At a time when most major league ballplayers are well into their pension years, three Spokane area athletes are still lacing up their cleats and oiling their gloves in the Inland Northwest Men’s 30-and-older Baseball League.
The 10-team league holds an annual tryout where teams have a chance to replenish their stock. The players wear the uniforms of various Major League teams, although there is no affiliation.
In a league made up predominantly of thirty-something players, three men stand out.
The senior statesman is 64-year-old Ed Antak. The Butte, Mont., native splits time between first and second base for the Pirates.
Of the three, Antak has the most baseball experience. He was a scholarship catcher for Pepperdine University in the early 1950s and signed a contract with the Philadelphia Phillies in 1955.
Antak spent two years in the Army, however, before he got a chance to play for the Phillies minor-league team in the Penn-Ontario-New York League.
While Antak was serving a two-year stint in France, things changed in regard to the baseball draft.
“When I went into the service there was a rule that if you received more than a $4,000 bonus to sign, you went straight to the major league team,” said Antak. “When I came back I was 26 years old, competing against an 18-year-old kid that the Phillies signed for $80,000. I played for two years before they released me.”
The last time Antak played organized ball was 1960 - until this year.
“The minister of my church asked me if I’d like to play,” said Antak. “My wife encouraged me to give it a try, so here I am.
“The funny thing is that even when you get older your mind stays the same. I throw just as hard as I ever did, but the ball doesn’t get to second base any more.”
Some things haven’t changed in the last 37 years.
“Hitting is still a lot of fun,” said Antak. “The hardest thing, though, is since we only play on Sundays, if you get into a slump you have to wait a week for a chance to break out of it.”
Steve Harvey, 56, is in his fifth season playing first base and designated hitter for the Twins.
Harvey, who went to high school in Castle Rock, Colo., had never played organized baseball before 1993.
“The high school I went to didn’t have a baseball team,” he said. “I played basketball and football and ran track in high school and then in college at the Colorado School of Mines, but I never played baseball.”
Harvey played plenty of softball and decided in March of ‘93 to give baseball a try.
“I was shocked when I got a call saying the Twins had drafted me,” Harvey noted. “I got hooked after three or four games.
“I’d had four at-bats, all strikeouts, when they finally let me play first base. My first time up I hit one over the center fielder’s head and I was hooked for life.”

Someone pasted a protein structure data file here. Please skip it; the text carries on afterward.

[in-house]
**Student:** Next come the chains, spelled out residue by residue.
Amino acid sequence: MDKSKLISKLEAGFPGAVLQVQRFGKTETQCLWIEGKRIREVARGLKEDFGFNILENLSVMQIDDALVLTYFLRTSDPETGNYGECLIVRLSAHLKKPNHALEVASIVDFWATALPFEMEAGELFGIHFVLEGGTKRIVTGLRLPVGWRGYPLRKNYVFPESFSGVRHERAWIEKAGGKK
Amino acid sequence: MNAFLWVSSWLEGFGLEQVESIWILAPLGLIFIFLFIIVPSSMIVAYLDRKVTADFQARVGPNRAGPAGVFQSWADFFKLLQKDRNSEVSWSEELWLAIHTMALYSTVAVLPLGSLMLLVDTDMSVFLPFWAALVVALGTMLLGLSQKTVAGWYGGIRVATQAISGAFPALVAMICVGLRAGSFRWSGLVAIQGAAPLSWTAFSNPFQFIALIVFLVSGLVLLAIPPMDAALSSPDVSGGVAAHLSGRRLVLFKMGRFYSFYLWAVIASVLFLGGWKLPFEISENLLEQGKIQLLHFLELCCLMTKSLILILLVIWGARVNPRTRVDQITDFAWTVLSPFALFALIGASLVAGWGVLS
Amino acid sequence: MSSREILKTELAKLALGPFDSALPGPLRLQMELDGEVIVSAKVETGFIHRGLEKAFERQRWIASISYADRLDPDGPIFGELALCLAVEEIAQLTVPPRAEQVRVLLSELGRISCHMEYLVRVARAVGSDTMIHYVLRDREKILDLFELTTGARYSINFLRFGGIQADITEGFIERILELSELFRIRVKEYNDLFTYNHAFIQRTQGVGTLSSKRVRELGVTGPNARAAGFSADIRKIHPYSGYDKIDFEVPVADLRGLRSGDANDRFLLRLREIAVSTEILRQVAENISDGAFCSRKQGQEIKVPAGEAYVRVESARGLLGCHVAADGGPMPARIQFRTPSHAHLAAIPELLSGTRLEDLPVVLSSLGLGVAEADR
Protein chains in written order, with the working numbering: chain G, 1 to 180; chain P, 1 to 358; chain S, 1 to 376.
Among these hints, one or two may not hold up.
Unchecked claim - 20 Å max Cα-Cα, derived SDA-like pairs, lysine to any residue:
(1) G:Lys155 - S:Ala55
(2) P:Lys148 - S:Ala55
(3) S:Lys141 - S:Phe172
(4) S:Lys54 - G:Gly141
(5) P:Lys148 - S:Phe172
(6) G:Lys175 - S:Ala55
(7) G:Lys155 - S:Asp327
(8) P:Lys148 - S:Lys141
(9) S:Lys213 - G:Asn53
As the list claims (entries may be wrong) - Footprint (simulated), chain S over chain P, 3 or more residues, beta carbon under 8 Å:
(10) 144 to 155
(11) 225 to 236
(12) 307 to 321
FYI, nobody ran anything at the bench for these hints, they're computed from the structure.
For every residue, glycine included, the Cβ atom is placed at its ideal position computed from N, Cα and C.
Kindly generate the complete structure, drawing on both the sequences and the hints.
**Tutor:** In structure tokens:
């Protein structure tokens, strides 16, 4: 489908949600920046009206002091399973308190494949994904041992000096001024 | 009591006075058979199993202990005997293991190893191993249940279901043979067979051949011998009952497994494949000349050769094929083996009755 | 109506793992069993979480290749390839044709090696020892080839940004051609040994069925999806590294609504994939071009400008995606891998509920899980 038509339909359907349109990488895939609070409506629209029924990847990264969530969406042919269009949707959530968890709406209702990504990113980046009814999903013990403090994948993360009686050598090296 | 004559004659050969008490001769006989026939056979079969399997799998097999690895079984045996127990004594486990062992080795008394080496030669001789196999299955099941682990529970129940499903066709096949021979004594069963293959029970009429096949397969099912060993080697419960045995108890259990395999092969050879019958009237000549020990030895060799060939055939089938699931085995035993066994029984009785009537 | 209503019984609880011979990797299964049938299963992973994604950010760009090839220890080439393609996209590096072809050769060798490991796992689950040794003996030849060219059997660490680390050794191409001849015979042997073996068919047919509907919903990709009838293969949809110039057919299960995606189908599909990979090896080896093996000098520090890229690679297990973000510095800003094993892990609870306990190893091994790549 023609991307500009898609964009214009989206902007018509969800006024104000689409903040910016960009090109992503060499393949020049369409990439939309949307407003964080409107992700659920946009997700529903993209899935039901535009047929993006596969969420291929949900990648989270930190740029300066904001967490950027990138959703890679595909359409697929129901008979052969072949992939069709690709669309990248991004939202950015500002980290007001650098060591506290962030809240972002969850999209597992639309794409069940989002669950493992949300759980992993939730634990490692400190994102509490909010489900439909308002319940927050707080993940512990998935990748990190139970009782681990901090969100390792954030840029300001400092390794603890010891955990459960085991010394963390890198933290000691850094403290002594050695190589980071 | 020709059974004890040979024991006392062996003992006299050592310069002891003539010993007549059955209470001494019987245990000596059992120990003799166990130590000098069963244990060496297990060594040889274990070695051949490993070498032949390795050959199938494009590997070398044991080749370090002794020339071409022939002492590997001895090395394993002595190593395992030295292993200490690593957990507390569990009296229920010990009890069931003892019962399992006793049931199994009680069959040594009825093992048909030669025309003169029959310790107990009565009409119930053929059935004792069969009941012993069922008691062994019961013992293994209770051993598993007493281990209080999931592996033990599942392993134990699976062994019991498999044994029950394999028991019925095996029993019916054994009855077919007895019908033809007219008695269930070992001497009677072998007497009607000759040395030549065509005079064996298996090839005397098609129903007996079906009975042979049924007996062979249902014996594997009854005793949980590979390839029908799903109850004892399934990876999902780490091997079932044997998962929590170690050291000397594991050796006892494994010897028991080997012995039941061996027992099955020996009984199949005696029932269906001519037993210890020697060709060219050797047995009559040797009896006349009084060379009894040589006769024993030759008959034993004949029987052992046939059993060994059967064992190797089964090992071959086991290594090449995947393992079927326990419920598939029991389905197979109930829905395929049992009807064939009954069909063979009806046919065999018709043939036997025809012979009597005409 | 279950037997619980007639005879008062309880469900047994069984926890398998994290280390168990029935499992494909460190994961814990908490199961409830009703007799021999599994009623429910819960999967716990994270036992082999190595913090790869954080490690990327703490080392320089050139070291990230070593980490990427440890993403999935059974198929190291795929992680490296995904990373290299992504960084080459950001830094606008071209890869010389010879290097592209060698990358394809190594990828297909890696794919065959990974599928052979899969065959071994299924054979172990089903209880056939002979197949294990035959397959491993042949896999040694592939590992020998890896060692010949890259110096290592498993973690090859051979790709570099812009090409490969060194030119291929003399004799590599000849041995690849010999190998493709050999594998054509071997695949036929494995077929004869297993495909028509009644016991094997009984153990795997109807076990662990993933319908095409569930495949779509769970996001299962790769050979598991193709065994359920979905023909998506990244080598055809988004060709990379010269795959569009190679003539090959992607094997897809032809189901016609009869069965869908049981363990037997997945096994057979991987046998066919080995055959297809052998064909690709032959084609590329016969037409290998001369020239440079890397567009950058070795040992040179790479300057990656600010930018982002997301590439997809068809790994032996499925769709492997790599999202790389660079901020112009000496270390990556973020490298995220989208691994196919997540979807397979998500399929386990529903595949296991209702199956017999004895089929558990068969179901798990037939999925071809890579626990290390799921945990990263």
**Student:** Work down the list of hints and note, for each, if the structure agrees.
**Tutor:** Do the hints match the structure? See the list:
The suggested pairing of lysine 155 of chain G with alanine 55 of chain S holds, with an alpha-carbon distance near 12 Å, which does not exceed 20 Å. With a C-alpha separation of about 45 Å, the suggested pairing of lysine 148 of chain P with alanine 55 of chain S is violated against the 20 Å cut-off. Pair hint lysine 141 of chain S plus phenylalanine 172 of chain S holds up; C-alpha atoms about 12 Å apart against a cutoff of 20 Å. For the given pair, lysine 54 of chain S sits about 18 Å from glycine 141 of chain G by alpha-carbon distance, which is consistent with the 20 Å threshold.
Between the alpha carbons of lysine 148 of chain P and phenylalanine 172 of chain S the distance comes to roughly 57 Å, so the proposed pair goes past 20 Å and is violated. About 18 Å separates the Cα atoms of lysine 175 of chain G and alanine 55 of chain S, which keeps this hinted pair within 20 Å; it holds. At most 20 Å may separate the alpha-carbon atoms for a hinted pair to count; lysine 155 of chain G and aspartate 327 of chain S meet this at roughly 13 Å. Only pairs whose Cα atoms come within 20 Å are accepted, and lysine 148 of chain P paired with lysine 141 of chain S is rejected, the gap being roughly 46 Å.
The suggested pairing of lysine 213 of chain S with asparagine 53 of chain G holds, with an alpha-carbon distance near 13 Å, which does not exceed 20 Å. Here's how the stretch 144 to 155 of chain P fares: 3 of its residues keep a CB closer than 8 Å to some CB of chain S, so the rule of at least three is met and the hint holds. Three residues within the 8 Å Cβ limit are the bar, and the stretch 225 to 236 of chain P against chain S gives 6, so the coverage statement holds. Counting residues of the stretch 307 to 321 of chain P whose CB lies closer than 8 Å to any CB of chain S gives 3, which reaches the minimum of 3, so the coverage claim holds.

Harvey has steadily improved each year, and this year, after going 5 for 7 in a recent doubleheader at Sandpoint, his batting average stood at .436.
It seems he’s taken the advice of his former college coach, Jimmy Darden.
“I talked to him before I started playing to see if he had any advice for me,” said Harvey. “He said the only thing I have to tell you is ‘hit ‘em where they ain’t.”’
For Tom Sullivan, 51, his baseball-playing days ended at the Babe Ruth level, although he spent a lot of time coaching the teams of his two sons.
Sullivan’s wife also encouraged him to give it a try.
“My wife said that now that our two sons are done I should go play,” he said. “It’s something I’ve always wanted to do. I went for a tryout last year at Seafirst Stadium and I really enjoyed playing.”
Sullivan, who moved to Spokane in 1967 while with the Air Force, is also the director of the league.
“I decided to get involved for the good of the league,” he stated. “It takes a lot of time, but I enjoy it.
“We try to leave the fields in better condition when we get done playing. We’ve hauled in dirt, raked, watered and cleaned out the dugouts. A lot of the schools and Legion teams appreciate what we’re trying to do.”
It isn’t often that something exceeds expectations, but that’s what happened to Sullivan.
“It’s been a lot more fun than I expected,” he said. “My teammates have helped me improve my game. We joke around, play hard and have fun doing it.”
Sullivan also plays on a 19-and-older team and says the difference is evident.
“With the 19-year-olds, their speed and reflexes are so much better. The kids have real positive attitudes and they’re a lot of fun to be around.” , DataTimes ILLUSTRATION: Photo
MEMO: This sidebar appeared with the story: ALL-STAR GAMES At Seafirst Stadium July 24: 19-and-older, 7 p.m. July 25: 30-and-older, 7 p.m. July 26: 40-and-older, 7 p.m.
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